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The Chatham Republican. (Chatham, Columbia County, N.Y.) 1886-1918, July 10, 1888, Image 2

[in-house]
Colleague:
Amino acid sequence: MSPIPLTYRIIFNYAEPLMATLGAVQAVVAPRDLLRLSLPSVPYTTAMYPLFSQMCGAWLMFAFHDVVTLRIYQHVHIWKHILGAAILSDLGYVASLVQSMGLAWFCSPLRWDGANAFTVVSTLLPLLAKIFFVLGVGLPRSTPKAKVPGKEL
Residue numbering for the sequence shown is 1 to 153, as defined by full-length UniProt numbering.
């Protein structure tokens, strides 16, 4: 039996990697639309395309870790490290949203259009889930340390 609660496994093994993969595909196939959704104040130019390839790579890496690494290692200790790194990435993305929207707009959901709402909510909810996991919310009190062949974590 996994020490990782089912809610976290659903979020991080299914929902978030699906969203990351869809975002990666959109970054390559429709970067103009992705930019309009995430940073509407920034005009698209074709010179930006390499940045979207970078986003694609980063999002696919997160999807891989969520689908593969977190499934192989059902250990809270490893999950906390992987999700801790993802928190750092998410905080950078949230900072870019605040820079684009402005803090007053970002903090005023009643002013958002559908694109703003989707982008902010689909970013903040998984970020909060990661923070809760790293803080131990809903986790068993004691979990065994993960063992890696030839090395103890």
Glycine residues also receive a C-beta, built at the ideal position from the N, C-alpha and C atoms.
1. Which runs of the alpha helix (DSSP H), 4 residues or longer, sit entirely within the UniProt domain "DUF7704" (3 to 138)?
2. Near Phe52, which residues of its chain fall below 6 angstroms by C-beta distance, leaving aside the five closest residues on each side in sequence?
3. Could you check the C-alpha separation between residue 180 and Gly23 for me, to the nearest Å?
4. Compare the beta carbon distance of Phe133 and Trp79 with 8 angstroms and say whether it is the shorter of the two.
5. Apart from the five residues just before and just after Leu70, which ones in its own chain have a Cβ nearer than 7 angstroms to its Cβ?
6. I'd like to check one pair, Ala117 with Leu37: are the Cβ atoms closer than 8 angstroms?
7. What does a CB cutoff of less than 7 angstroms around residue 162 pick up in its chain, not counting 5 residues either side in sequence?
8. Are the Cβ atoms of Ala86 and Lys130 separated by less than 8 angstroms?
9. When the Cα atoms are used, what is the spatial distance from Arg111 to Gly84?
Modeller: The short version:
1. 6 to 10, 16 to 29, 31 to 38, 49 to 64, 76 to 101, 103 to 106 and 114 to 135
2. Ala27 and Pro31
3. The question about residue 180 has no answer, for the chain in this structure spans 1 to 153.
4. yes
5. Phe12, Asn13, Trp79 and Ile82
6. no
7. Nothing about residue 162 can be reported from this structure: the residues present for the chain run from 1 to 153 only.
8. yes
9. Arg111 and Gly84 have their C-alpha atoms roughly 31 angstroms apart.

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-7 - ’ 7 - piUS^ . ! 7 : : £ ' . {Reunion of Blue and Gray on the Famous /Battlefield. , . {THEY MEET BROTkERS NOW. il ’ ' - jSfoirameuts Dedicated in Memory of the Heroes Who Died That Their Country Might Live — Addresses by Gen. Sickles and George William Curtis. fir ■ - . « ■ ' : : G ettysburg , Pa., July 3. — The reunion of Greene ’ s New York brigade, comprising fche- Sixtieth, Seventy-eighth, One'.Hundred and Second, One Hundred and Thirty-seventh and One Hundred and Forty-nintfi New York raiments, was held at Culp ’ s hill yesterday. There was an unexpectedly large attendance of the survivors of the regiments comprising tiie brigade.\ £Many of them had brought •with them their/wives and children. The veterans were drawn up in the posi­ tions occupiedhy their respective regiments in the second day of the great battle, while in the woods krthe rear of the battle ground were massed the visitors, interested auditore and spectators of a decidedly interesting pro- \ gramme. Mingling with the veterans of the Union, forces were many survivors of John ­ son ’s^ Early ’ s and Ropes ’ corps of the Gon- ! federate arjny. The Union soldiers extended I to those who wore' the gray in the four years ’ conflict fratemal and cordial greetings. The veterans having been arranged about ihe grand stand, the signal for the commence- mehfc of the exercises was given. The builders of the several mon- whom were Gena Longstreut, Sickles,:: Bar- low,vHunt, Gordon and Sharpe 1 Govei-nOr Curtin, apd ox-Senator Warner Miller. ; : Ex- Lieutenant Governor \Rolii|i8on of i^New York, presided, jaifter a prayer he apolo ­ gized for ’ tie -afesence of-'- ’ the poetj Mr. Lathrop, who was detained by illness. Gten. Horatio ^Eing, secretery pf the Army of the Potomac society, read a portion of the poem in an effective manner. . ■ Gen. Robinson then introduced George William Curtis in a short speech, which his wife credits, him as having written,onthe train, but which was well received. Gen. Robinson was the presiding officer of the day. After paying a graceful tribute to the memory of Abraham Lincoln, and alluding, to his famous speech at Gettysburg, in which he said in referring to the southern soldiers: “ They, like we their opponents, are Ameri-» ^ pan citizens, with - essentially the same char ­ acteristics and powers; exceptional advan ­ tages on one side are counterbalanced by ex ­ ceptional advantages on the other; we must make up our minds that man for man the soldier : from the south will be a match for the soldier from the north, and vice versa, ” Mr. Curtis continued: , But the occasion has yet another profound interest of association. It was on the 21st and 25th of June, 178S, that the vote of New Hamp ­ shire and Virginia decided the adoption of the constitution of the United States. This year, almost this very day, is its centenary, and no ­ where in the country could the glorious anniver ­ sary be celebrated with such perfect propriety as upon the field where, by the majestic decision offerees from which there is no appeal, the con ­ stitution was decreed to he an imperishable bond of national union and liberty. The sun of Gettysburg rose on the 1st of July, and saw the army of I GUIS. SICKLES. u m e n ts presented them to their re ­ spective regiments, and immediately on the conclusion of this ceremony the flags with which they were draped were drawn. The chair ­ man of the regi ­ mental committee, in a brief and ap ­ propriate address, accepted the mon- uments in behalf of the survivors. The Rev. Arvine C. Bowdish deliv­ ered an invocation, and Juan Lewis lead an original poem, “ Gettysburg. ” The whole assemblage then united in singing I “ My Country, ’ Tis of Thee, ” after which Maj. ‘ Gen. Henry W. Slocum, of Brooklyn, deliv- S'ered the principal address of the occasion. [He gave a concise history of the battle, [briefly reviewed the operations of the Twelfth [corps, and closed with a, glowing tribute to : tiieir valor. He was enthusiastically ap- jplauded. • Chaplain Buckley, of the Seventieth New (York, offered a prayer, and then Gen. Daniel jE. Sickles, the ora GEN, SLOCUM. I ; : r ’ (tor of the day, was intToducei He eaidthe assemblage marked an epoch in that the surviv ­ ors of two great armies, who, twen- ' ty-five years ago, | fought the decisive i battle of a long and j terrible civil war, jcame ‘ together on the old field to ! unite in pledges of [love and devotion I to one flag and country. There were to-day • no vanquished and no victors, for as Ameri- : cans all might claim a common share in the glories of the battlefield. The war was a revblution ranking m importance with the French revolution of the Eighteenth and English revolution of the Seventeenth ceri- turiies^ ite influence being universal on the idestmies of the country. Its memories were las indescribable as civilization. The names ! of Lincoln and Lee, Grant and Jackson, : could never be effaced from our annals. The official reports of the various regiments on the field July 1, 2, 3 and 4, 1863, were then read by the chairman of the regimental committees. The formal transfer of the •monuments to the--Gettysburg Battlefield Memorial association then took place. The exercises were freely interspersed with the ringing of war songs, in which all took part. Maj. Gen. George S. Greene delivered an oration oh “ Culp ’ s Hill ” in which he summar ­ ized the glorious achievements of the men en­ gaged, in that desperate conflict. He was i followed by Maj. Gen. Henry A. Baraum, who spoke on the splendid results accom ­ plished by the Third brigade in the great fight. Chaplain Mitchell, formerly of the Seventy- first, also ! delivered a brief oration,, after which a hymn, composed by Chaplain Buck- ley, was sung. The great crowd dispersed ; over the battlefield immediately after the [benediction, which closed the exercises. G ettysburg , Pa., July 4 — About fifty ex- Confederates of Parker ’ s battery called on -their old general, Longstreet, yesterday, who received them handsomely in an in ­ formal way. The ’ members of the organiza ­ tion spent some hours in the Peach Orchard, their-command having been the last of Lee ’ s command to leave that ground to join the retreat. The Ninth York, volunteer infantry, who are.encamped alongside of the regulars near the Springs hotel, have won universal praise for their gentlemanly con­ duct and soldierly bearing. They have occupied a prominent part in the daily parades, marching through ; sun and dust from I the scene of the 'first battle to the ’ cemetery, a dis ­ tance of two and a half miles, and re ­ turn each day. The . band - accom- , panymg the Ninth, ! GEN ‘ R0Bms0N - composed of fifty-nine pieces of brass and a drum-corps of forty, has furnished the most enjoyable features of the encampment. Their selectiGn of f ‘ Dixie ” and “ Gariy Me Back to Old Virginia ” were vigorously applauded. The Ninth, in cainp and on the ’ march, albng- side of the well drilled and disciplined regu ­ lar infantry, artillery and cavalry, wais the ^ .^object of universal and favorable - com ­ parison by the thousands of soldiers nnri offi- cers-who witnessed the parade. The- artillery salute from Cemetery Hill, just as the shining bayonets of the long line S 7 of military formed in line in the front of the |1§7 77 stand on Cemetery Hill, caused the blood of many . old soldiers to .flow faster, and in- stlnctively some of them felt impelled to sing ent the old battle cries: “ First gun! Fall in, men, fall in! ” or, “ We ’ ve got them on the rnti, give it to them! ” the gray already ad ­ vancing in line of. battle; the army of the blue still hasten ­ ing eagerly forward and converging to this point. The glory of midsummer filled this landscape, as If nature bad ar ­ rayed a fitting scene for a transcendent event. Once more the unquailing lines so long arrayed against each other stood face to face. Once more the inex -1 pressible emotion ‘ mingled of yearning J memory, of fond affection, of dreaded* foreboding, of high, ihope, of patriotic^ enthusiasm, and of i stem resolve, swept for a moment over thousands of brave hearts, and the next instant the o v e r-rouitTH newyork batterx ’ s whelming storm of monument . the greatest of modern battles hurst. For three long, proud, immortal days it raged and swayed, drifting from Seminary Hill far round to Wolf ’ s Hill and Culp ’ s Hill, then sweep ­ ing hack, with desperate fury striking the Peach Orchard, and dashing with flash and roar upon Little Bound Top and Round Top, raging in Devil ’ s Den, the earth trembling, the air quiver ­ ing. the sky obscured; with shouting charge and rattling ’ volley and thundering cannonade piling the ground with mangled, bleeding blue and gray, •the old, the young, but always and everywhere the devoted and the brave. Doubtful the battle hnng and paused. Then a On the rostrum were a number of dis- formidable bolt of war was 'forged on yon wooded height, and launched with withering blasts f.ni roar of fire against the foe. It was a living holt, and sped as if resistless. It reached and touched the flaming line of the embattled blue. It pierced the line. For one brief mo ­ ment in the sharp agony of mortal strife it held its own. It was the supreme moment of the. peril of the Union. It was the heroic crisis of the war. But the fiery force was spent. In one last, wild, tu ­ multuous struggle brave men dashed headlong against men as brave, and the next moment that awful bolt of- daring courage was melted in the fervent 82D OHIO INFANTRY. heat of an equal valor, and the battle of Gettys ­ burg was fought. If the rising sun of the Fourth of July, 1863, looked upon a sad and unwonted scene, a desola ­ ted battlefield upon which the combatants upon either side had been American citizens, yet those combatants, could they have seen aright, would have hailed that day as ’ more glorious than ever before. For as the children of Israel beheld Moses descending amid the clouds and thunder of the sacred mount, bearing the divinely illu ­ minated law, so from that smoking and blood drenched field, on which all hope of future union might seem to have perished utterly, they would have seen a more perfect ’ .Union rising, with the constitution at last immutably interpreted, and they would have heard, before they were uttered by human lips, the words of which Gettysburg is the immortal pledge to mankind — “ govern ­ ment of the people, by the people, for the people, shall not perish from the earth. ” The assemblage was very attentive and ap ­ plauded the orator frequently. Quite a number of Confederates are in the city. As a rule they have come as individ ­ uals from different sections. Among the or ­ ganizations present are the Norfolk and Portsmouth camps. Wherever a gray uni ­ form is seen, it is found to be surrounded by a crowd of old veterans in blue, anxious to shake hands and express their kindly feeling toward their old antagonists, The fact im ­ presses the old soldier observers with the recollection of former scenes of twenty-five years ago, when the gray were their prisoner guests in this city. THE WEEK IN CONGRESS. \Work of the Senators and Congressmen at Washington. W ashington , June 9. — The senate ad ­ journed on June 30, after a very short session, until Monday last. No business of importance was transacted. The. house discussed the land grant for ­ feiture bill on Thursday, but adjourned with ­ out action. The house on Friday passed the land grant forfeiture bill. Considerable progress was made in the tariff bill discussion. The senate wasnotin session. Saturday the house discussed the sugar clause of the tariff hill, the order of busmess being an amendment offered by Mr. Cannon. The house adjourned without action. The • sei pte was not in session. y: THE n ews ; IN BRIEF. rimes, Casualties and Important Events . - -Ian Sho^ij ’ -P^ai^iphB. - \ ' i ‘ [ At extensive caving!Bellevite colliery at? J3<:rapton, j?a. t caused great ec- citement, blit no one was injured. The es­ cape of thirty men from instant death was almost miraculous. ' Chauncey M. Depew has sailed for Europe. '. G. L. Briggsy of . class' ’ 91 Cornell univer ­ sity, was drowned in the Connecticut riv-w at Nort hfiel d. Mass. _ ___ . 77 : Henry Watterson ■ delivered a Fourth of July address before the Harlem Democratic club. The international cricket match between the United States and Canada at Toronto, was won by the former. EUicott City, Md. , was almost entirely de*' stroyed by a Fourth of July fire. Professer Del Davis, alias Wilson, fell from a balloon at Willimantic, Conn., and was seriously injured. Galon A. Weed, one of the proprietors, of The Syracuse Sunday Times, had his right eye turn from its socket and his right cheek terribly injured by a premature explosion of fireworks. • The Grant memorial window presented to the Methodist Episcopal church at Long Branch, was dedicated. William Stiner, a butcher, and his son were drowned at Paterson, N. J. Mrs. Martha L. Logan, of Brooklyn, was drowned in a bathtub at Ocean Grove. John L. Sullivan took a sheriff who was trying to serve an attachment on -his circus at Norwich, Conn.', by the collar and, gently swung him about ten feet. He did not serve the attachment. The free library given by George W. Van ­ derbilt to the' city , of New York has been opened to the public. The sixth session of the Music Teachers National Association is in session at Chicago. A man, said to be Samuel E. Henderson, of Cleveland, died from the effects of poison in the Aster house, New York. A woman with him, claiming to be his wife, says the drug was self administered. There are sus ­ picions of foul play. A well curb to which a hammock had been fastened, in Nyack, N. Y., fell over, in- stant.y killing 9-year-old Lillie Toppin, who was swinging in the hammock. Erastus Bremer, a half witted young fel ­ low, living in Hohokus, N. J., fired at Will ­ iam Lewis, a telegraph operator, whom he thought was robbing him of his sweetheart. Failing in his aim, he shot himself dead. Eight families have been rendered home ­ less by a fire four miles above Burlington, N. J., at a place called Knickerbocker Row. The proposed new bridge over ’ the Hudson, at New York, is to have a landing in the central part of the city, near Fourteenth street. It will be the largest in the world, its central span being 2,850 feet, and will cost $16,000,000. A dynamite plot has been-.unearthed in Chicago whose posribilities of destruction would rival the Haymarket massacre. Three men have been arrested with the explosive in their possession, and under circumstances which warrant the charge against them of. conspiring to destroy the property of the Burlington road. The Prohibitionists are preparing a mon ­ ster ratification meeting, to be held in Chi ­ cago July 13. Gen. Fisk, candidate for presi ­ dent, and John A. Brooks, candidate for vice president, are expected to be present and make addresses. Senator Voorhees has introduced a bill in the senate to pay Dr. Bliss ’ bill of $10,206 for attendance on the late President Garfield. James M. BaUsdell, a five year prisoner, has escaped from the Nantucket, Mass., jail. From Japan comes the report that the British steamer Egria will survey a track 200 miles wide in the Pacific for a cable from Australia to British Columbia via Japan. A syndicate of Australian capitalists have formed a company, with a capital of $5,000,- OQ0, with headqarters at Melbourne, and will purchase 530,000 acres of timber lands in that country. Mrs. Joshua Hodgkins was fatally burned at Deer Lake,. Mich., while: attempting to rescue a servant from a burning building. The Beer Brewers ’ union of Cincinnati has rescinded the order declaring off the brew ­ ers ’ strike. The Fpss Schneider Brewing company, one of the largest in Ohio, has left the pool. • The funeral of Edward Hubbell, the New Haven fireman, who was killed at a Fourth- of July fire, was held Sunday, and was the largest ever known in that city. A fund of $500 has been raised for his family. Many shops in the market place in Athens were burned, involving a loss of $'750,000. A hay shed at the stock yards, Cincinnati, was burned. Loss, $10,000. • Society of Christian Endeavor. - WHi C hicago , July 9. — The Society of Christian Endeavor is in session in this city. At least 4,000 people are in attendance. The conven ­ tion began Thursday, to lari; four days.; The following ilist of officers : were7 presented: Scribe, Alexander McConnell,' of Evanston; assistant scribe, Roger Leavitt,: of Cedar Rapids; timekeeper* A. Li-Winship, of Lynn, Mass. The sefetary ’ s report showed the receipts to have been $18,890 and the expendi ­ tures $16,855. - . ■■ Charities and Correction B uffalo , July 9. — The Society of Chari ­ ties and Correction is in session in this city. The questions of treatment of the insane and . reform in prisons have been so far discussed. TRADE BULLETIN. New York Money and Produce Market Quotations. N ew Y ork , July 7. — Money closed at 1 J 4 per cent., the only rate for the day. -Exchange closed steady at $4.87i4©4.89}4; actual rates, $487® 4.87 J4 for 60 days, and $4.89@4.89}4 for demand. Governments closed steady; currency 6 s, 119 hid; 4s coup., 127J4 hid; 4J4s do., 10714 bid. The stock market opened strong and on a mod ­ erate amount of business so continued through ­ out the morning, notwithstanding that the bank statement showed a decrease of $2,500,425 in the reserves. At the close prices were per cent, higher than those of yesterday. The sales for the morning amounted to 67,237 shares. Closing prices were as follows: West. Union Tel... 76% Del. & Hud ............ 110 Adams Express. . .140 U. S. Express...... 71% G, G, C. & 1 ......... 47 N. Y. Central ....... 103% N. J. Central ......... 82% Illinois Central __ 116% Northern Pacific.. 21% Do. pref .................. 53% Central Pacific. .. 31% Missouri Pacific... 74 Texas Pacific ......... 21% Alton & T. H ......... 39 .. Canada Southern.. 50% Canada Pacific — 55% Chicago & Alton. .133 Del., L.-& W ........... 130% Denver ..................... 1514 Erie ............................. 24% Kansas & Texas.... 13% Lake Shore! ......... . 91% Northwest ............... 107% Do. pref ................... 139 , Pacific Mail ............ 33% Reading ........ ..... 60% St. Paul ...................... 66% Wabash ................... 12% Bur. & Quincy — 112% Ore. R ’ y & Nav ....... 91% Ore. Trans __ ..... 24% General Markets. N ew Y ork , July 7. — FLOUR — Steady, and in some instances, slightly higher; city mill extra, $ 4.40@4.60 for West Indies; superfine, $ 2.40@2.90 ; Minnesota extra, $2.70®5. WHEAT — Easier; receipts, 16,450 bushels; ship ­ ments, 51,757; No. 1 red state, 93c.; No. 2 do., 90c.; No. 2 red winter, July, 88%c.; do., August, 88%c. CORN — Dull; receipts, 7,900 bushels; ship ­ ments, 36,744 bushels; No. 2 mixed, cash, 55c.; do., July, 54%c.; do., August, 56%c. OATS — Steady; receipts, 58,400 bushels; ship ­ ments, 69 bushels; No. 1 white state, 44c. ; No. 3 do., 41%c.; No. 2 mixed; July, 38%c. RYE — Dull, BARLEY — Nominal, . PORK — Dull; one year 6lSl iness, $ 14@14.25 . LARD — Firmer; August and September; $8.57. MOLASSES-rNominal. TURPENTINE — Dull; offered at 35c. , , < ROSIN — Quiet; strained to good, $i.07%®1.15. P ETR OLEUM — Dull; refined, in cases, 9%c! ; BUTTER-^Quiet; western' creamery, 16®l9%c. i CHEESE — Easier; western flat, 7®8j4c-' : EGK3S — Steady; state and Pennsylvania, 18c;; ‘ western, 16@17%c. y- - 7 ; : . . • FREIGHTS-^Dull and unchanged. : SUGAR — Refined firm.; cut loaf and crushed, 8c. \ . .-£7.7 ’ 1 ' ’ RICE — Nominal TALLOW-Steady COFFEE — Dull; £ : ■•.'77 ’ 7 \' -7 POPULAR SCIENCE ; ! NEWS 777 MANY SECTIONS. FROM A Carious Jfapaneso Wax .Tree, tke Fruit of 17111011 Yields a Vegetable Wax : Closely Resembling the Product of the Honey Bee. The Japanese wax tree, illustrated in thq ac ­ companying cut, is found in Japan, China and throughout the East Indies generally. It be ­ longs to the rhus or sumach family, and has the specific name Snccedanea. In the Japan language it is called haze. THE JM l PANXSE WAX TREE. The tree begins to bear fruit . when five or «ix years old and increases its product every year, Tintil at fifty years a single tree will produce 350 pounds of berries, from which ’ about seventy pounds of wax can be ob ­ tained. This wax, says Nature, is formed in the middle of the berry, between the sted and the skin, like the pulp of a grape. It is extracted by boiling the berries in water, and allowing it to cool, when the wax separ ­ ates out in a solid cake. This vegetable wax closely resembles the product of the honey bee. It is readily bleached, is not greasy to the touch, has the high specific gravity of 0.97 and melts at 131 degs. F. — a ’ little,lower than beeswax, which melts at 149 degs. It is largely used by the Chinese in the manufacture of candles, which are composed either entirely of wax, or mixed with tallow or other fats. The principal port of export is the city of Osaka, from whence, in 1876, nearly two million pounds of the wax, worth about fifteen cents a pound, were shipped to London. A tree of this same family, the Rhus veni- 1 cifera (Japanese ourouchi), also grows in i Japan, and produces the resin or gum. used jin the manufacture of the famous lacquer ; ware. In this country the use of sumach in j tanning is well known ; and notwithstanding [those “ black sheep, ” the poison ivy and dog ­ wood, the Rhus family must be considered as very useful and valuable members of the vegetable kingdom. In the cut are repre ­ sented the flower, leaf and fruit of the Rhus snccedanea, or Japan wax tree. Artificial Rubies. ! Mineralogists and connoisseurs have of (late been considerably interested oyer the j excellent imitations of rabies wrought by •modern science. Numerous analyses, says Jewelers ’ Circular, show that these artificial rabies did not retain a trace of baryte, and that they were formed by pure aluminium : colored by traces of. chrome. The crystab ■ are regular and of adamantine luster. They .are of perfect transparency, as hard as nat- i ural rabies and cut topaz. . Like the natural rabies, they turn black on bring heated, hut resume thefr color after getting cold again. Having thus produced by tynthesis rhombo- bedraTcrystals of rabies with all the ’ physical and chemical properties of the most beautiful [natural rabies, and forming them in a ma ­ trix which may be cbmpared to that inclos ­ ing the natural mineral, Fremy uhd Ver- xraeil believe they have definitely settled the question of the origin of rabies. So far, the experiments have been made with 50 grams of material only, and the crystals have [therefore been comparatively smalli not ex- [ceeding 0.02 of an inch in diameter. The j authors, however, propose to- continue their I experiments on a larger scale, and expect to ! be able to make rabies of large dimensions. A Pneumatic Amusement, Numbered with other pneumatic amuse ­ ments is the trick of putting a lighted candle under water. This is not only an amusing entertainment for the parlor, but an in ­ structive one to the younger members of a .family. / j Procure a good sized cork, or bung; upon [this place a small lighted taper; then set it j afloat in a pail of water. Now, with a steady [hand, invert a large drinking glass over the ■ light, and push it carefully down into the water. The glass being full of air prevents the water entering it. You inay thus see the candle bum under water, and bring it up again to the surface, still alight. This ex- periment, simple as it is, serves to elucidate (that useful contrivance called the diving ! bell, being performed on the same principle. A LIGHTED CANDLE UNDER WATER, i The largest drinking glass holds but half a ! pint, so. that your diving light soon goes out [for the want of air. As an average, a burn- ong caudle consumes as much air as a man,' [ afid ho requires nearly a gallon of aireveyy {minute,; so tlmt,-accordiflg to the size : of the glass over the .flame, yon can calculate how 1 many [ seconds y it wiil-/ remain alight ; of course, a large flame requires' more air than small one. . ; For this and several other ex- _ aifnents, a quart bell glass is very useful,' [bnt, : : being expensive; it is not Sound in eveaty parlor laboratory ; - one is, ’ . ‘ however, : easily ; [made from a green glass pickle bottle; get .a- ; ; glazier [to exit off the bottom, and you have ’ a tell glass that Chilton would not reject. - Foot trimmimrs on. skirts are being revived, PHYSIOLOGY How to AND HYGIENE. Freserve a Fretty Complexion ThiSouglij the Perils .of Summer Weather. ;■ The season of summer outings and travel is Very 1 trying for the complexion, and matters connected with preserving and beautifying it are therefore of interest. \ First may be rioted the attractive little toilet bags -that are a novelty of this season. They > ire fiiled.with bran, grated olive soap 7 and almonds; and being dipped in water for a-moment, and then rubbed upon tbe skin, give a delightful lather which is wiped off with a sof t . toweL They are a most pleasant and useful toilet article. pf course, if the skin is to be kept while and soft, gloves must always be worn out of ' doors and the face shaded as much as possible from the sun. In addition to these precau ­ tions maybe used almond [paste, which is considered one of the finest compounds for [ beautifying the hands. Real almond paste is the kind meant and it is made from sweet and bitter almonds pounded in a mortar, and not of lard or other fatty substances mixed with almond oil. Take of sweet and bitter almonds each two ounces, pound to'a paste, and work up with half an ounce of Windsor soap cut in ‘ fine shreds. To this add [two drams c£ spermaceti and half an ounce of oil of almonds; oil of bergamot, twelve drops. Subject to gentle heat, stir well, and cool in china pote. To improve hands that are naturally coarse and red, or to preserve an already beautiful texture and color from the effects of much out of door exposure, the following treat ­ ment is a popular one: Keep a pot of fine oatmeal and a puff on your washing stand, dry the hands with a bath towel, rub briskly, and dust with oatmeaL At night use rather warm water, apply a flesh or ordinary nail brush all over the hands, and, when quite dry, apply almond paste, and sleep in easy fitting gloves. In spite of all precautions, sunoum, freckles and rough skin are a too frequent ac ­ companiment of the summer ’ s sojourn in country or by the sea, and it may therefore be mentioned that the juice pressed from cu ­ cumbers is gaining favorable repute as a remedy for these troubles. The juice of milkweed is said to be the basis of a popular foreign cosmetic for preventing them. Whatever lotions, creams or other cosmetics may be used, there is one invariable rale which the woman who values her skin will not neglect, and that is to wash face, neck and hands perfectly clean with warm water and pure soap and dry them thoroughly with a soft towel before going to bed. This re ­ moves the imperceptible dust and grime that clogs the pores and causes wrinkles, black- beads, etc. Then, when the face is clean and the pores open* whatever preparation is found to suit best is applied. A light application of vaseline or any good cold cream to the face before going out on summer excursions, rides or walks is an ex ­ cellent preventive of the ill effects of hot ’ sun and wind; and, unless something else is pre ­ ferred, vaseline should always be rubbed on the face at night. . It retards the coining of wrinkles and is, indeed, the safest and cheap ­ est of cosmetics in general use. - India Rubber Sheeting. In case of broken limbs, bums or any wounds for which damp dressings must be used upon a patient in bed, a piece of India rubber sheeting is indispensable for keeping the mattress dry. A yard of the soft twilled rubber cut into two is of convenient size. One-half should be folded in a piece of an old sheet and laid under the affected part. If a sheet folded lengthwise is placed across the middle of the bed and the ends tucked well under the mattress, it will keep smooth and can be changed with less difficulty than a whole sheet. Oil of Peppermint in Consumption. Oil of peppermint is the latest “ sure cure ” for consumption, according to an English physician. Ten drops of toe oil are put on cotton wool in an inhaler, the charge being renewed every three hoars, and the treat ­ ment continued for six Weeks. It is claimed that it worfiS well in all cases and effects a [cure in the earlier stages of the disease. ’ -The [remedy is worth testing on this side ofrthe [ocean. A New Safe Core for Corns. Another safe and' sure 'cure for corns is re- iported to have been found in a poultice [formed of stale bread soaked in strong vine ­ gar. It should be applied at night on re ­ tiring. In the morning the soreness will be gone, and the corn can be picked out. Ob ­ stinate corns may require two or more appli ­ cations. Relief from Mcsquito .and Gnat Bites. - Dr. Gerard states that the inconveniences resulting from bites by mjisquitoes and-gnats, especially when recent, may be relieved b^ rubbing the bitten spot with chloroform. The swelling quickly decreases, and the pain and itching disappear. SOCIAL ETIQUETTE. A Pleasant Way to Pay Honor to a Guest or to Introduco a Stranger. Luncheons are in high, favor with those who entertain extensively and furnish a most agreeable method of being hospitable, as well as a pleasant way to pay honor to a guest or to introduce a stranger. According [to the social etiquette of New York, the luncheon hour is from half past 1 to 2 o ’ clock, and ladies only receive invitations. A large luncheon of thirty or more guests is arranged fpr both drawing and dining room, where small tables for four persons each are care ­ fully grouped. # Guests present themselves in handsome vis ­ iting toilets and are in their bonnets. They remove their gloves at table. For the fa ­ vorite progressive luncheon several diagrams of the tables and' their places, with the names of the guests upon them, are placed in the dressing room, so that each guest may easily find her own location. Guests are received by the hostess and presented to her friend or friends in a library or other reception, ropm, where they wait for the announcement - Of luncheon. The guest of honor, if there he one, is seated at a table near the center, and ; between the courses two of tho ladies wfib i are'seated at the.table witKher and the host ­ ess rise and exchange seats with others whose names the hostess mentions to them. [This change is made several times duririgthe entertainment. Ladies at other tables also exchange places,.if they like, during the re ­ moval of plates, each one carrying her nap ­ kin with her. At the Dinner Table. ; V 7 7 ; Never nrge your guests to eat more than [they want. No one should.ask to be r helped [twice to soup. At-dessert hot puddings and' ‘ pies are phssed.'before the ices and'jellies.' [For a very elegaiitidiriner, a cabinet p udding [with sauce, folldwed by'ices; charlotte rasso icQ'OS)- , [form of vanilla;or chocolate cream, which is- ' ;almost airone can erijoy iafter7a ’ dinner of! even four courses. The proper service withj 'this is a basket 6f cake and strawberries or [other berries in season. Important to Farmers, — .Ten Reasons^ W ny Every Farmer Should Use Orange [ ; Electric Food. 1 st* It is superior to any article ever off ­ ered to the public for diseases of cattle horses, hogs, sfeeep and poultry. ’ • - ■ 2d. If cattle are out of health or condi ­ tion, it will correct the trouble in less time than any other article, « f f 3d. If fed to milch cows it will increase the daily amount of milk from 10 to 20 per cent, in less than two weeks. 4th, It is the only article known that will eradicate and prevent hog cholera and : the hog plague. • 7 ' ' ' • ' ; - - 5th. It is worth its weight in gold for horses overworked or out of condition. 6 th. It is a positive cure and preventa ­ tive for pink-eye in horses; ' - 7th. It is unequaled for sheep and lambs. ■ ■ . 7 .,• . , . .., 7 . • 8 th. It is a positive eradicatbr of dis ­ eases common to poultry. 9th. When fed to hens they will pro­ duce more eggs than by the use of any egg- food known, and at less than one-quarter * the expense. 10th. It is sold at so low a price that every person having cattle, hogs, horses, sheep and poultry can afford to have it. Three-pound boxes, 50c.; large boxes $1 — 20 -pound pails, in bulk, 15c. per lb., with full directions for use. Ask your druggist or merchant for it. For sale by W. H. BARNES; Chatham, N. Y. r r Smith ’ s /V£WS OFFICE □Late S. W. GOTT ’ S,) . WILL BE FOUND School Booksana School ALSO A FINE LINE OF STATIONERY, TOYS Dolls, Express Wagons, Velocipedes, Carts, &c. HARMONICAS MD1 yiOLir STEMS Tissue Paper and Material for making Paper Flowers. J . - 1 -* V-J-.V?: and a choice line of vvlf. Pipes, Tobacco & ars. Agent for Mme. Demorest and Harpers ’ Bazaar Patterris.- HENRY SMITH, CHATHAM NY. A I wish to say to tlie people of Cliatliam and vicinity that^have tlie best bargains ever offered in Stoves and/ Ranges. Housekeepers wlio need anew Cook Stove or Range can buy it of me'tliis Spring For Less Money Than Ever Before, I bave these goods on hand and. desire to close them out to make room for other stock. Be sure and inspect them before buying elsewhere. My line of Hariware. Tinware, Wocftiare, and House Furnishing Goods is of superior quality and the prices are reasonable, always. • JAMIES • ’ WESX j ODHI r I V CHATHAM, NT. [IT. 1 OPEN THE ENTIRE YEAR. ' — (o) — ‘ ill BAR AND TABLE UNSURPASSED. Accessable for Picnics. Good Stabling. ______ 70) ______ r ’ : - ififl sip ' . ; (ogi The waters adjacent to the Hotel are the best inthe Lake for Black Bass Fishing, New boats, with latest improvements for . | keeping bait and fish alive._ _ * a hand. 7